By Veronica Rocha, veronica.rocha@latimes.com | July 3, 2013
A 21-year-old Elk Grove woman was arrested this week on suspicion of soliciting sex in exchange for cash to an undercover Glendale detective during a sting at a local hotel, police said. Glendale detectives were investigating possible prostitution advertisements on Backpage.com Monday night when they contacted Mallory Osta, who had listed her phone number in an ad, according to police. Osta, who police said went by the name Giana, allegedly told detectives she had just got off work and was available to hang out. After an undercover detective indicated he would only be available to hang out for 30 minutes, she told him it would cost $140, police said.
NEWS
By Jason Wells and Veronica Rocha,, jason.well@latimes.com, veronica.rocha@latimes.com | February 16, 2011
The local Armenian community braced against a public rush to judgment after authorities on Wednesday announced a major crackdown on Armenian organized crime that included 74 people arrested on fraud and racketeering charges. The federal indictments, unveiled at Glendale police headquarters Wednesday, alleged that members of the gang Armenian Power engaged in a range of white collar crimes to defraud the public of $20 million. In a city where people of Armenian descent make up roughly 40% of the population, news of the arrests raised fears of what seems to be the inevitable: a rush by a vocal few to reinforce stereotypes.
NEWS
October 13, 2011
Dozens of people protested big banks and corporations at the corner of Colorado Boulevard and Lake Avenue Wednesday afternoon as part of the growing ' Occupy Wall Street ' movement. There were 80 to 90 protesters at the height of the event, holding up signs with slogans such as “I pay more taxes than Bank of America .” “I've been reading about 'Occupy Wall Street' and feel supportive of the movement,” said Kat Castaneda, 35. “I'm unemployed and this touches me on a very personal level.” Continue reading > > -- Adolfo Flores , Times Community News Photo: Protestors congregated on Lake Ave. and Colorado Blvd.
NEWS
By Brittany Levine, brittany.levine@latimes.com | March 5, 2012
Rep. Adam Schiff (D-Burbank) took the California Department of Public Health to task Monday for “dragging its feet” on setting new limits on chromium 6 in drinking water, adding to a growing chorus of frustration among local officials. In a letter sent to the department's director Monday, Schiff called the years-long process for setting more strict contamination limits “unconscionable.” “I want to try to light a fire under them to get moving,” Schiff said in a phone interview.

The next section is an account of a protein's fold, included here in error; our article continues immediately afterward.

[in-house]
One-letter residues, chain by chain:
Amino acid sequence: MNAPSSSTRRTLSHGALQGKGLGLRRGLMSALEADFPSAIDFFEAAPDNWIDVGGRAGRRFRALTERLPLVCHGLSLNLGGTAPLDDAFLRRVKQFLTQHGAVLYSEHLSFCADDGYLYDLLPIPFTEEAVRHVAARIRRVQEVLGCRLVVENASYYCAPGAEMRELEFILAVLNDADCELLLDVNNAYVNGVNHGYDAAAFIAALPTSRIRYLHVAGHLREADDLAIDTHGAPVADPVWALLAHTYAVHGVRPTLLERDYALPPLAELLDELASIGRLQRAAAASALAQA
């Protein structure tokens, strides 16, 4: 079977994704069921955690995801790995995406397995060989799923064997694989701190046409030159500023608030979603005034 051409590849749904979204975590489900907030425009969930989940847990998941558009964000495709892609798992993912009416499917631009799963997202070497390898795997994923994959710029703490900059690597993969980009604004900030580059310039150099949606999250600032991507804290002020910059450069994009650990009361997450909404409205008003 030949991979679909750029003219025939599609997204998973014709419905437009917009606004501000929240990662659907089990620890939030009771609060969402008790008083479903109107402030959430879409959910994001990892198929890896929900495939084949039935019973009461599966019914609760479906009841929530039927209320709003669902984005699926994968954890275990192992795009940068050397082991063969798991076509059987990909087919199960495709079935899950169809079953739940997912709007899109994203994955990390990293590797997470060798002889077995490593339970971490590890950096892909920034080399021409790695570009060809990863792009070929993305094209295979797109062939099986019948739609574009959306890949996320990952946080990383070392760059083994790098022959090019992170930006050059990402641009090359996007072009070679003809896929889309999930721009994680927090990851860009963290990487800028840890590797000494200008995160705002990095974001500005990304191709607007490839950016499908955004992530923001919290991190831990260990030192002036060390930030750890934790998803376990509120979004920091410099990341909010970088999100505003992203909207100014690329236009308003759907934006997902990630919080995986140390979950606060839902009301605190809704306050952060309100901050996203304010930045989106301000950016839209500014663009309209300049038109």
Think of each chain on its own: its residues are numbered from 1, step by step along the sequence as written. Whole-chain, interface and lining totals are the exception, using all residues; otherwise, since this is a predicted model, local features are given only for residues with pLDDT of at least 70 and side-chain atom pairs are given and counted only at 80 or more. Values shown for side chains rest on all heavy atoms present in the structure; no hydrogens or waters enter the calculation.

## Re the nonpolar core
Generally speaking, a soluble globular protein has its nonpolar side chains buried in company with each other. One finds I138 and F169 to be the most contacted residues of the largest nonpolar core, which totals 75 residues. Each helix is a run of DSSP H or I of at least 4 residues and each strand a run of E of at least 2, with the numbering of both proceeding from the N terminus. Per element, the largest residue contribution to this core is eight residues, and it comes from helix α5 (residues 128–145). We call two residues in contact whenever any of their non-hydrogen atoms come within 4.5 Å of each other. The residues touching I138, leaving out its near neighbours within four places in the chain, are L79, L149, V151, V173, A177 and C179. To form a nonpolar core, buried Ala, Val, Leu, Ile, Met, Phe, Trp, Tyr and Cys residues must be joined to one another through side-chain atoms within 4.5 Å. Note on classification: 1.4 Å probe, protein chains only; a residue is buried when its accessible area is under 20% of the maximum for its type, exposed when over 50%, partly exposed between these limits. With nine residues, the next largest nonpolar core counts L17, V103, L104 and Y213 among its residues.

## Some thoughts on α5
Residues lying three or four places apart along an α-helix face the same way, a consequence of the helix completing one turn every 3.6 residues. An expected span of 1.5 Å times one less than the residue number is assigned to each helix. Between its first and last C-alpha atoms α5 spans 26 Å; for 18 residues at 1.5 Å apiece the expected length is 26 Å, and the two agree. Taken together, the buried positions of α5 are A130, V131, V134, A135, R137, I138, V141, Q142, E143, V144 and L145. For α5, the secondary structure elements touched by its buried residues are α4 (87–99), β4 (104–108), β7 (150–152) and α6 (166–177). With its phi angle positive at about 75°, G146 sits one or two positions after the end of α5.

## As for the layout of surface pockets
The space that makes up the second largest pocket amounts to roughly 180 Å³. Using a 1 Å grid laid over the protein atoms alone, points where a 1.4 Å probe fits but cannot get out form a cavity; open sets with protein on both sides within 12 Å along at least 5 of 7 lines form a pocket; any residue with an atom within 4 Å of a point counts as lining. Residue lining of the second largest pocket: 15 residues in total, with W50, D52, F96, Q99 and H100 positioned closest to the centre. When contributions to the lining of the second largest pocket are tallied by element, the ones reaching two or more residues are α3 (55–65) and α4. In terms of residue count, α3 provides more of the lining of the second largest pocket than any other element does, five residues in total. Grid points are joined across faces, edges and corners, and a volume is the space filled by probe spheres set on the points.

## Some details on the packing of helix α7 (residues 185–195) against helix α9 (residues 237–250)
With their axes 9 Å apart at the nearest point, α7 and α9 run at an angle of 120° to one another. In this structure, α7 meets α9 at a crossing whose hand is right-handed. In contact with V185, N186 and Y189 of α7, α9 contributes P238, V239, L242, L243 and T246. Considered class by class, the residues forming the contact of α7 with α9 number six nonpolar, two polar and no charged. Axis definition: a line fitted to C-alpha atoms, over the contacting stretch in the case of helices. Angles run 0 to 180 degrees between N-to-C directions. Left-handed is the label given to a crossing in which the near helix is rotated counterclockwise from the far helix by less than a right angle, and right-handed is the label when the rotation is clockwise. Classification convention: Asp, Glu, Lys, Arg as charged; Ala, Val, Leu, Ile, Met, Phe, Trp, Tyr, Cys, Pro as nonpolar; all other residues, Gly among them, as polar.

SPORTS
By Charles Rich, charles.rich@latimes.com | August 24, 2013
EAGLE ROCK - Though still three weeks away from the start of the seven-game season, there's already plenty of reason for optimism surrounding the Glendale Bears Youth Football and Cheerleading organization. Practices appear to be crisp and various fundamentals are being learned in anticipation of the upcoming campaign beginning Sept. 21. It's left first-year president Cynthia Perez energized for a program that was formed in 1969. “We are going to have about 125-150 players, plus 60 cheerleaders this year,” said Perez, who served as the organization's interim president last season.
NEWS
By Lisa Dupuy | April 14, 2014
A parking lot lined with red tassels marks the opening of the 18th Gelson's Market location in La Cañada Flintridge. Food chat sites like Chowhound suggest that the shopping experience at Gelson's is somewhere between that at Whole Foods and Ralphs. In an effort to get to know the store better, I took it upon myself to test that theory with a very unscientific experiment. Below are the results. By most accounts, Gelson's is renowned for their high-quality meats, seafood and produce.
NEWS
By Brittany Levine, brittany.levine@latimes.com | August 23, 2013
While welcoming a draft of a proposed and long-awaited limit on the drinking water contaminant chromium 6, local politicians said they fear the state standard doesn't go far enough. The California Department of Public Health on Thursday set a draft limit of chromium 6 at 10 parts per billion, significantly higher than a goal set by state officials in 2011. At the time, officials set a goal of 0.02 parts per billion for the cancer-causing ion, but the Department of Public Health decided on a much higher maximum level, stating that the lower target would not be economically feasible for water agencies.